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7: The Origin of Trees and Seeds

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    Competition over resources (primarily water and sun light) always drove plant evolution. The most logical way to escape competition was to enlarge the body. But if only primary tissues are available, this growth is strictly limited. Without secondary thickening, the trunk will easily break under the weight of growing crown, and the plant will die. This is easy to see in plants which still dare to develop the tree-like habit without secondary growth: tree ferns and palms. In addition, tree ferns have no bark which limits their distribution to the really wet places. On the other hand, thickening of stem will allow for branching, and branching allow for even bigger aboveground body. But then, new problems associated with both size and life cycle will pose another great challenge.

    • 7.1: Secondary Stem
      In many seed plants, secondary growth begins in their first year within the stem and continues on for many more years. These plants are classified as woody. They develop secondary tissues like periderm and wood, and even tertiary structures like bark.
    • 7.2: Branching Shoot
      Secondary stem allows for extensive branching. In seed plants, branching is based on the axial buds. These buds are located in axils of leaves and develop into secondary shoots. There are two main types of branching: monopodial and sympodial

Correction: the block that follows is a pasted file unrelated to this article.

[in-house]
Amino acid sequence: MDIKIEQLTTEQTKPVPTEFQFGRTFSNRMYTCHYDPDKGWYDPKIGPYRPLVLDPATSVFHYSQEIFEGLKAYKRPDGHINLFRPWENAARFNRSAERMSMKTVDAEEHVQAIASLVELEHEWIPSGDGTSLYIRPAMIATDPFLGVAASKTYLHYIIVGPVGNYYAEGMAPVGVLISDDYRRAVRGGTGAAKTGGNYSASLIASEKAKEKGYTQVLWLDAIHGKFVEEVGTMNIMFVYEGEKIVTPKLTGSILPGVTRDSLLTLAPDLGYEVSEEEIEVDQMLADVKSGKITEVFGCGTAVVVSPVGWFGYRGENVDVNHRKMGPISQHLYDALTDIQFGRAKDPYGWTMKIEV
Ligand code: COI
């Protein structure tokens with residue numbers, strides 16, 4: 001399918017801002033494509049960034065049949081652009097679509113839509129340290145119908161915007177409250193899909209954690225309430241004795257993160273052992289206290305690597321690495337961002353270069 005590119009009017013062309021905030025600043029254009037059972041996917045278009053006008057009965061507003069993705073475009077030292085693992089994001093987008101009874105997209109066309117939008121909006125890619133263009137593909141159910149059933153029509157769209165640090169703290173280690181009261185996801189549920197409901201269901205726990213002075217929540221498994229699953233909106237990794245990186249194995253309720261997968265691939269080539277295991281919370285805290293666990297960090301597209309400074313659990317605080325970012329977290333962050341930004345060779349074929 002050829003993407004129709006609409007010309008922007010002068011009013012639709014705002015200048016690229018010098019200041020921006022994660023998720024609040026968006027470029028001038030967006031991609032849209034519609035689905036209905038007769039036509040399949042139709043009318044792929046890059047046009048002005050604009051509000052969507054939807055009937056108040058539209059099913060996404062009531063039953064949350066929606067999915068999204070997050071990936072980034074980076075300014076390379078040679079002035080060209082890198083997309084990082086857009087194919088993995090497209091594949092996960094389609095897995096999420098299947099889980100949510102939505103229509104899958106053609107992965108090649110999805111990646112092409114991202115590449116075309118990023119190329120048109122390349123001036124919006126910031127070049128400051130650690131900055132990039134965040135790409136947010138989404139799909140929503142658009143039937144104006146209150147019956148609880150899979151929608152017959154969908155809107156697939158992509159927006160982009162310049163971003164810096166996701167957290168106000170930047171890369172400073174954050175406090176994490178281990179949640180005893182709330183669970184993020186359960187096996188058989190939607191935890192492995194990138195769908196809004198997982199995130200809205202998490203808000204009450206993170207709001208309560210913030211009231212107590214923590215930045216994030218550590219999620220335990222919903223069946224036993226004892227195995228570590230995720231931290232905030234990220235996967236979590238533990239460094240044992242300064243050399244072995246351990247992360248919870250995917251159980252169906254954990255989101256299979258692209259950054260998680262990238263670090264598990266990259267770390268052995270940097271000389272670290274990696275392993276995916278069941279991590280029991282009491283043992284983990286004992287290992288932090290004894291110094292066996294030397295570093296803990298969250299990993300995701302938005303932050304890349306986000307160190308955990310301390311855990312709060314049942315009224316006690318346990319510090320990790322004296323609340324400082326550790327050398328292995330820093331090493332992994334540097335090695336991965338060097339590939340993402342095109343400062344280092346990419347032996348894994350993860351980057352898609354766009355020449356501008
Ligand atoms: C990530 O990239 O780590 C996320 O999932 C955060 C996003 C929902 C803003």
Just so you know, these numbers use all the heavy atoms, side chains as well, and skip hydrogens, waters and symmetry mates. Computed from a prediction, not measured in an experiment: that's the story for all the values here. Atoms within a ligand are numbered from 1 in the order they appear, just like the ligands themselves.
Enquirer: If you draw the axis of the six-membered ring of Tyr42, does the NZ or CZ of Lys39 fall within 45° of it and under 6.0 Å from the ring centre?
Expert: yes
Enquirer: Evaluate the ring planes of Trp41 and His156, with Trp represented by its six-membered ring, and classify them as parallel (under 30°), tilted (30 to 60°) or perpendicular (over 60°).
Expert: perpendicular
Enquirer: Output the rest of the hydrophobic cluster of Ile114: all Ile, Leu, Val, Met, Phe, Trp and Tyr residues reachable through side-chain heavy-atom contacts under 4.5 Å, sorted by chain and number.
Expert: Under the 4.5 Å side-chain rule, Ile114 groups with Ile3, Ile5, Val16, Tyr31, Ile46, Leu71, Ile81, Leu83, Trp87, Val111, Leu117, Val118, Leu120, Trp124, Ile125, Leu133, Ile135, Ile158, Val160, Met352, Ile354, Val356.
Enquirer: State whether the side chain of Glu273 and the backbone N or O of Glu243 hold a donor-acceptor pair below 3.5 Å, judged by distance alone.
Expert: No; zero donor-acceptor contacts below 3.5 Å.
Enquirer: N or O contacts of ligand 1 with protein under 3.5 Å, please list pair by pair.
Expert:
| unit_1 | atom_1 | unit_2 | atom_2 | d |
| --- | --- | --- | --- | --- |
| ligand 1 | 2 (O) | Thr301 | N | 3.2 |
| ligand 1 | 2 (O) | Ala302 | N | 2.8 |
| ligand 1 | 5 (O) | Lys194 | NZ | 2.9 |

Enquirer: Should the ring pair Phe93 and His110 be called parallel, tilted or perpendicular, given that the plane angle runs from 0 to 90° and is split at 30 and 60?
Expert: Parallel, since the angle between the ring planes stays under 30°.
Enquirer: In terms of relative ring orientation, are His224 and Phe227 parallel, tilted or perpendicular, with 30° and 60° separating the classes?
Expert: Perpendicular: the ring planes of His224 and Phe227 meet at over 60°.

• 7.3: Life Forms
      Thickening and branching change the appearance of plant. The most ancient classification employ both branching and thickening and divide plants into trees, shrubs and herbs. This approach was the first classification of life forms. Life forms tell not about evolution, but about how plant lives. We still use this classification. With some modifications, it plays a significant role in gardening.
    • 7.4: Modified Shoot
      Like leaves and roots, shoots and stems also have modifications. Some examples are rhizomes, stolons, tubers, bulbs, corms, thorns, spines, cladophylls, and stem traps. Rhizomes (example: ginger, Zingiber) are underground stems that burrow into the ground just below the soil surface, and usually tend to have small, scale-like leaves that are not photosynthetic. Buds from the axils of the leaves make new branches that will grow to become aboveground shoots.
    • 7.5: Origin of the Seed
      When plants developed the secondary growth, the almost unlimited perspectives opened for enlarging their body. However, these giants faced a new problem.
    • 7.6: Spermatophyta - Seed Plants
      Seed plants consist of approximately 1,000 species of non-angiosperms (gymnosperms) and about 250,000 species of angiosperms. They have a sporic life-cycle with sporophyte predominance, and seeds. The gametophyte is reduced to cells inside the ovule or pollen grain. Males have a minimum number of cells being three and females being four. The antheridia are absent and in flowering plants (Angiospermae) and Gnetopsida the archegonia are also reduced.

    Thumbnail: A female Coulter Pine (Pinus coulteri) cone. (Cc By 2.5; Geographer).

    This page titled 7: The Origin of Trees and Seeds is shared under a Public Domain license and was authored, remixed, and/or curated by Alexey Shipunov via source content that was edited to the style and standards of the LibreTexts platform; a detailed edit history is available upon request.